Words

Antonio Inoki: Japanese MMA's Great Survivor

Fightland Blog

By James Goyder

In 1976 an estimated 1.4 billion people watched Antonio Inoki take on Muhammed Ali in a boxer versus wrestler matchup that had a bizarre and slightly confusing ruleset but attracted enormous global interest.

It could arguably be considered the first MMA fight of the era, although the competitive nature of the contest was completely undermined by rules which prevented both men from playing to their strengths with Inoki forbidden from using grappling techniques and Ali not even throwing his first punch until the seventh round.

The sheer size of the audience might have made that match an inflection point for MMA but it’s difficult to overstate the scale of the disappointment as the "fight" descended into farce when both basically avoided each other for the best part of 15 rounds while boos echoed around the arena at the Nippon Budokan.

It would be nearly another decade before Shooto was established in Japan but in hindsight the most remarkable thing about this heavily hyped 1976 contest is that nearly 40 years later one of the participants is still heavily involved in MMA, with Inoki currently one of Japan’s most prominent promoters.

He’s witnessed the rise and fall of organizations like Pride, Dream and K-1 but Inoki’s IGF event is still going strong and some of the highest paid and most recognizable fighters in the region, like Shinya Aoki and Mirko Filipovic, competed on cards he put on at the 13,000 capacity Ryogoku Kokugikan Sumo Arena last year.

Some MMA purists might not like seeing pro wrestling mixed with their sport of choice, particularly as IGF has been known to stage blatantly scripted altercations involving competitive mixed martial artists, a credulity stretching post fight melee after Ikuhisa Minowa had stopped wrestling veteran Atsushi Sawada on the 2013 New Year’s Eve event springs immediately to mind.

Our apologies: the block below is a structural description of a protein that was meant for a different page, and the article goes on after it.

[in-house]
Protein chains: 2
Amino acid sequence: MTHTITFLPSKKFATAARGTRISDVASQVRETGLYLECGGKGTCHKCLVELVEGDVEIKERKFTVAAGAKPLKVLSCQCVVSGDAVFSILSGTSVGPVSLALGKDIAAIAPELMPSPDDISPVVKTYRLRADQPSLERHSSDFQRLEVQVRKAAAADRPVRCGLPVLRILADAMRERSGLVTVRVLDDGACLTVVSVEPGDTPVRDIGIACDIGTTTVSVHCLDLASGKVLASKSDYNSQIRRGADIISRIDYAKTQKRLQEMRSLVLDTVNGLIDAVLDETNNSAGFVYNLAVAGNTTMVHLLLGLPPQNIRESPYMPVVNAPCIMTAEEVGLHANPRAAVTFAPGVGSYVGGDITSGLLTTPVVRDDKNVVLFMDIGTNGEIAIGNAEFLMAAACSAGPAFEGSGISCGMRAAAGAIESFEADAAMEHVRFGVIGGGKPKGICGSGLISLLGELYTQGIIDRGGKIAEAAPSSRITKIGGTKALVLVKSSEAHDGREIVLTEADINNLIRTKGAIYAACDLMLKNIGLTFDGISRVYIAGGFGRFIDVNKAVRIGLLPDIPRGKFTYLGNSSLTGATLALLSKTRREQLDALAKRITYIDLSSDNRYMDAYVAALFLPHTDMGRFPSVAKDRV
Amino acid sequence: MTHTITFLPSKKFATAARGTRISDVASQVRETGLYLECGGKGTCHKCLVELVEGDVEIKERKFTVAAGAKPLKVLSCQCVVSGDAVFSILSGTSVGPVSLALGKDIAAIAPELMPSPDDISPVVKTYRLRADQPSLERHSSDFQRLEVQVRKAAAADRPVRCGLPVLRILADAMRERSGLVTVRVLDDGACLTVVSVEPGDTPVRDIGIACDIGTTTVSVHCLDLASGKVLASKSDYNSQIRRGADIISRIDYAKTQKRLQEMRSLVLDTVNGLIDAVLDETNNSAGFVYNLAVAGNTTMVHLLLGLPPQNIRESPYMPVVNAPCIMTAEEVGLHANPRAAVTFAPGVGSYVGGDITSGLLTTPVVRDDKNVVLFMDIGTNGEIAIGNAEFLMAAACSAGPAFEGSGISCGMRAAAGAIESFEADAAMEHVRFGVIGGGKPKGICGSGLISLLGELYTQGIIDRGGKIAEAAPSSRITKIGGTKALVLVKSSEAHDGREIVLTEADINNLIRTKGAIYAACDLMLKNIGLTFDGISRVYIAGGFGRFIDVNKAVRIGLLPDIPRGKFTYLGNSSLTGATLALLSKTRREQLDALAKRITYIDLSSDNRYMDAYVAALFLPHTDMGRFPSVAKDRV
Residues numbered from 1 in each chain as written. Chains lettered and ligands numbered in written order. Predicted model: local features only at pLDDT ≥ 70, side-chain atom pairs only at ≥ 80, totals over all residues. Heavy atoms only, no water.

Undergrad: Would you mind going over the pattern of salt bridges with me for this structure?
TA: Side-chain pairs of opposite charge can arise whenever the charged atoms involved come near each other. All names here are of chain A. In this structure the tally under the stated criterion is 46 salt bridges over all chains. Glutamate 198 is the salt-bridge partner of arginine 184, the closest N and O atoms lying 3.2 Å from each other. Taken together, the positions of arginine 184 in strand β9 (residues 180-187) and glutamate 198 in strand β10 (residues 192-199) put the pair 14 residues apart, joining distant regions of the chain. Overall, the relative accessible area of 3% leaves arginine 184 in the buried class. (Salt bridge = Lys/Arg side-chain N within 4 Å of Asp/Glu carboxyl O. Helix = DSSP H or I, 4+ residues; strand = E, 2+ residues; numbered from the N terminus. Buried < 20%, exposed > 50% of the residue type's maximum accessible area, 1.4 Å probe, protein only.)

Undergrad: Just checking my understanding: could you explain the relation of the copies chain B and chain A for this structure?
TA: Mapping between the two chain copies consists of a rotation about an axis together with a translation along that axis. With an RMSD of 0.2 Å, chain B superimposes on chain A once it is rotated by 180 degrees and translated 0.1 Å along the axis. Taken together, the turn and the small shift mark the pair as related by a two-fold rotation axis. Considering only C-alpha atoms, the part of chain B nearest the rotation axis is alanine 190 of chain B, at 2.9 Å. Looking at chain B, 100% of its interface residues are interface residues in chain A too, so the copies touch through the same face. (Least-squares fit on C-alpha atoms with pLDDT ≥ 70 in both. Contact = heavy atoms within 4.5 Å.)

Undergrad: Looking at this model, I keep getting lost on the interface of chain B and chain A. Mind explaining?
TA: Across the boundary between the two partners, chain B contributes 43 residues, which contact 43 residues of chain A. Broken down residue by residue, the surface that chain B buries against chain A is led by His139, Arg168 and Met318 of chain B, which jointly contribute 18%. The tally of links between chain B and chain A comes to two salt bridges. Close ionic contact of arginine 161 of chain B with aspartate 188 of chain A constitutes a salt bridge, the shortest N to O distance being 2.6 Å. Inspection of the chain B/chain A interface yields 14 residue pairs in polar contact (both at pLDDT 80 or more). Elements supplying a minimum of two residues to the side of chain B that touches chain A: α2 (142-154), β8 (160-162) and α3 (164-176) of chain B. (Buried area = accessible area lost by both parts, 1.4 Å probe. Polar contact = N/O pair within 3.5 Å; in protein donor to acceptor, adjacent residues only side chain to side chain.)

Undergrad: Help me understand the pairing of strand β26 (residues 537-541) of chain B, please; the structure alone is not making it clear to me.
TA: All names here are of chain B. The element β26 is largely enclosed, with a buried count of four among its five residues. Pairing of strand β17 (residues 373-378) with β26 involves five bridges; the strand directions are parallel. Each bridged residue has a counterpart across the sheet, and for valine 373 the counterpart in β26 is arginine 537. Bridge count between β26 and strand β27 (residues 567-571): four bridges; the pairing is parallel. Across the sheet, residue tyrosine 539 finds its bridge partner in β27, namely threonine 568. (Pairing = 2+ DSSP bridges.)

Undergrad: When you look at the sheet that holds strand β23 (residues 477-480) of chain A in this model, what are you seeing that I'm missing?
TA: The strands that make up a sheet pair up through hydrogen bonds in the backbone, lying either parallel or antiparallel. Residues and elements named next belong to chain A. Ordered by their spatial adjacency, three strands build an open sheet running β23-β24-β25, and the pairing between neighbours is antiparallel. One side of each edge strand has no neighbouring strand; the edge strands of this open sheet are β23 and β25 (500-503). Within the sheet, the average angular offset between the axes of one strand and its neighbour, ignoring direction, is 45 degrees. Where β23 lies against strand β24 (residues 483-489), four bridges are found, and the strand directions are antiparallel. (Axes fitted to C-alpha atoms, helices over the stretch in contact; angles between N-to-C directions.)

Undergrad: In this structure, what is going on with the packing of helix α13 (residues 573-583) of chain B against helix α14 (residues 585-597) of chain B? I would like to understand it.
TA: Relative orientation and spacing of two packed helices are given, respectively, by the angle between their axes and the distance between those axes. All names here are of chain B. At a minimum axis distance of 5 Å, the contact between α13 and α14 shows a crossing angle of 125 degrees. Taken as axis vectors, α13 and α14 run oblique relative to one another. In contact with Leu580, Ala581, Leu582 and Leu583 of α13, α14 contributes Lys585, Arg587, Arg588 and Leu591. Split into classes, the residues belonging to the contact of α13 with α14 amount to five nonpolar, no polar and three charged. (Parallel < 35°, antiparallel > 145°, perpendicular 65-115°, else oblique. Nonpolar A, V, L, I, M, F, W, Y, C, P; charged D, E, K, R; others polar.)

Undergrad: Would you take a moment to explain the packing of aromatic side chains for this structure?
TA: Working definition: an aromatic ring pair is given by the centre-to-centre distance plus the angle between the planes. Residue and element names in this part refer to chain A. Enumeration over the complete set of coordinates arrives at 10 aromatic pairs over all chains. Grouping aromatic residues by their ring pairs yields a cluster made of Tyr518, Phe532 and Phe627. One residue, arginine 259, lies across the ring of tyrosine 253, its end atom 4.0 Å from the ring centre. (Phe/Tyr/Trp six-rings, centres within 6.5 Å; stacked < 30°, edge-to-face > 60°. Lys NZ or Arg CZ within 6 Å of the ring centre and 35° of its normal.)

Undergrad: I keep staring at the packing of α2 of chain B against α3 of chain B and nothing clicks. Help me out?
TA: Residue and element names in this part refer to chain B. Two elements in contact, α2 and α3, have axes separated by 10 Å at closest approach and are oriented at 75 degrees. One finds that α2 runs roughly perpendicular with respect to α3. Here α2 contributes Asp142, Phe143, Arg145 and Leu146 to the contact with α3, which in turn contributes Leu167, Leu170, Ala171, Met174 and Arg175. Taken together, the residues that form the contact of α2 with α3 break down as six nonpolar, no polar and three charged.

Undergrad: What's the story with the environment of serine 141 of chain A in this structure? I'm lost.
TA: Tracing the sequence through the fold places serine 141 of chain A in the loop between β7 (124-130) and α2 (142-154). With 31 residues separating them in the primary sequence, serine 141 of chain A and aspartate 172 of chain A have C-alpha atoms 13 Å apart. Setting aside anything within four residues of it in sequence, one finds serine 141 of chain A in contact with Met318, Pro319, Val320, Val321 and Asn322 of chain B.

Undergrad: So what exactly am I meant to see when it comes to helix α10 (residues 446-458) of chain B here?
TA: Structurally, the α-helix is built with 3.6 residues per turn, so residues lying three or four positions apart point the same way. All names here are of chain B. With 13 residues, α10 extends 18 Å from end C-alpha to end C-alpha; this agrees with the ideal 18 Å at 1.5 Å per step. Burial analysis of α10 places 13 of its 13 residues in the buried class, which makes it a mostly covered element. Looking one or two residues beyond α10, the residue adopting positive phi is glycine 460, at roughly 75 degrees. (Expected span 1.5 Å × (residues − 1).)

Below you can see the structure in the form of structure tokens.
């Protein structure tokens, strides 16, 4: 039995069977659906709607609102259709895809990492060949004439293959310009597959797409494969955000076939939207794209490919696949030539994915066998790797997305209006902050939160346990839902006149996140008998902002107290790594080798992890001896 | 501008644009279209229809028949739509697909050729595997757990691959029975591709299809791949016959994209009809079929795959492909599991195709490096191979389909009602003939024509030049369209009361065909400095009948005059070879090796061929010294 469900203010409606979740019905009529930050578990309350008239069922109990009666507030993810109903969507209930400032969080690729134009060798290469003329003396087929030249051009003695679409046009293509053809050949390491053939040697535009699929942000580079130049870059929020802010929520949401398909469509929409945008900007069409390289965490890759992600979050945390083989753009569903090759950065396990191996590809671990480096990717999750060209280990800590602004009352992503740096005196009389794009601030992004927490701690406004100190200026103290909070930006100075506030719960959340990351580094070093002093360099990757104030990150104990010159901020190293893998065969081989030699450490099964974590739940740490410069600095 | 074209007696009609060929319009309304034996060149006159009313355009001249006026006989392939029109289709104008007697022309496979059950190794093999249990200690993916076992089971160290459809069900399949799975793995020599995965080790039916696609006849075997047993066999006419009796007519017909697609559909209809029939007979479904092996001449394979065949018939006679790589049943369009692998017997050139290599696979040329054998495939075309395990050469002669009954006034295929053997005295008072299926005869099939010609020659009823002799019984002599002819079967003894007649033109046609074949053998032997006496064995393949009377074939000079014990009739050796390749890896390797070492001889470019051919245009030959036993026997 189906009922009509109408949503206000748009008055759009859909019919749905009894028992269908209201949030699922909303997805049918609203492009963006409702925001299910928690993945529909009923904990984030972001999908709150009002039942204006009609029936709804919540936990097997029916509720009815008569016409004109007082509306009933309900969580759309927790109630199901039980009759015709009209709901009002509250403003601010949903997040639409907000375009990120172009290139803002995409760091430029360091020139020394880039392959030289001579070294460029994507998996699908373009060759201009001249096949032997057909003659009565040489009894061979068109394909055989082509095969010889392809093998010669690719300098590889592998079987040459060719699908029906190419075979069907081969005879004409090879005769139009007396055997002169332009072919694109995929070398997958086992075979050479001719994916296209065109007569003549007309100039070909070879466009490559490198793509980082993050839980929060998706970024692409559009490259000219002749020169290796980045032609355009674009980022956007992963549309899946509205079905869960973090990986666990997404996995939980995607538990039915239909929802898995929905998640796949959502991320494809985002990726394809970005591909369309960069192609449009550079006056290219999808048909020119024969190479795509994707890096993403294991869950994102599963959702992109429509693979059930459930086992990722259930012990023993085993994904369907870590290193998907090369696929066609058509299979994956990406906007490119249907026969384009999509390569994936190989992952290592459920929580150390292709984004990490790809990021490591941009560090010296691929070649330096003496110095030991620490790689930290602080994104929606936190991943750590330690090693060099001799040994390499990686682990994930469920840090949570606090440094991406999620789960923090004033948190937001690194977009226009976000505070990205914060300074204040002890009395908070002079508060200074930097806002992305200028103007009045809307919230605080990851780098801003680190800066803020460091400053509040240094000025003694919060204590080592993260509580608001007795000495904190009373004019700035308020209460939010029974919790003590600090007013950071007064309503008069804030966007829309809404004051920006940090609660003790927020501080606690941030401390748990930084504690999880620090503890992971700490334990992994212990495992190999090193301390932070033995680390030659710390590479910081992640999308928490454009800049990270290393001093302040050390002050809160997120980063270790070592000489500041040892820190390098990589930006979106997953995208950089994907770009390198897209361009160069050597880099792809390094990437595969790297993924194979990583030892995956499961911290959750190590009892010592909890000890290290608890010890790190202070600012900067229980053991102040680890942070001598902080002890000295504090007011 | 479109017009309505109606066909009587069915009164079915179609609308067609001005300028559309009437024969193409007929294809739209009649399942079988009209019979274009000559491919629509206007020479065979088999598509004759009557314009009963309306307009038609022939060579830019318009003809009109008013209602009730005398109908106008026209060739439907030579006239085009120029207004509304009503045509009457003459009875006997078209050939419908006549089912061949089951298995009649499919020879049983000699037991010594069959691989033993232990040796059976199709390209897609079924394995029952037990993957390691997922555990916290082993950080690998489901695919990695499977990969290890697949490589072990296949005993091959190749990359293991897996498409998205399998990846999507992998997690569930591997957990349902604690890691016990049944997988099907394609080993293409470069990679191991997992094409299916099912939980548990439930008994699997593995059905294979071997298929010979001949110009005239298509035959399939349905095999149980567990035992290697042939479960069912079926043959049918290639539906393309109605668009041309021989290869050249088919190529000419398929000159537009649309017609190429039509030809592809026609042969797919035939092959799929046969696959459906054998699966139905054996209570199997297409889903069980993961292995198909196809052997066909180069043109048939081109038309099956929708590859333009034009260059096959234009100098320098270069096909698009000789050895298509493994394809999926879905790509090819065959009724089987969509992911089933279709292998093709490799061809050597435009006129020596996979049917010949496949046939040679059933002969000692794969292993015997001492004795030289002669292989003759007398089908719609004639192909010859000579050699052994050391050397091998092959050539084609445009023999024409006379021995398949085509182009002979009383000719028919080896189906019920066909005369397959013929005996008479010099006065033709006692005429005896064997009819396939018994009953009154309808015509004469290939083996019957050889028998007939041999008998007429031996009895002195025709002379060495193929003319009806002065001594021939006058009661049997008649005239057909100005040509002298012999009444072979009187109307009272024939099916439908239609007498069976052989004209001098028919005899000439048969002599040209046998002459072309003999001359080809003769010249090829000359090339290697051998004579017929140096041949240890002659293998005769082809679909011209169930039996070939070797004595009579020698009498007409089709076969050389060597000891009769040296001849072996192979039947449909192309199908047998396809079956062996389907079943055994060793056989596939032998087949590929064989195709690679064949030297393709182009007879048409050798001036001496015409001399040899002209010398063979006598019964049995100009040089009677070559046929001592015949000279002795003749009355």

However Inoki, who has long since retired from wrestling and is now a politician sitting on the House of Councillors in Japan, has always had an eye for the dramatic and allegedly talked to Fidel Castro about the possibility of holding an event in Cuba during the height of the country’s tensions with the US.

The matchup with Ali might have been so bizarre that the audience almost rioted but in terms of generating global publicity it was a massive success and the lessons that Inoki learned from that experience have probably served him well in both his promotional and political careers.

In 1995 he faced Ric Flair at a two day wrestling festival in Pyongyang which drew crowds well in excess of 100,000 people. Inoki’s trips to the pariah state have caused consternation in Japan and let to him being suspended from politics in 2013 but rumours persist that the 72-year-old is currently trying to put on another event in North Korea.

For Inoki politics and event promotion often go hand in hand and in 1995 he was able to successfully secure the release of 41 Japanese hostages who were being held in Iraq by organizing a wrestling show in Baghdad for the benefit of Saddam Hussein.

Inoki effectively gave Japan the concept of a New Year’s Eve show when he put together a “K1 vs Inoki” card at the tail end of 2001 and this has become a tradition which is still going strong with multiple events taking place in the country on this date last year, including an IGF offering involving Satoshi Ishii and Aoki.

It is 55 years since Inoki made his pro wrestling debut and this month he turns 72, a landmark he will be celebrating in his own inimitable style with a card likely to combine MMA and wrestling. Phil Baroni and Shinya Aoki will both be involved and given the promoter’s penchant for putting together a spectacle it’s unlikely to be a small scale affair.

 

Check out this related story:

Once a Year Japan Becomes the MMA Capital of the World

 

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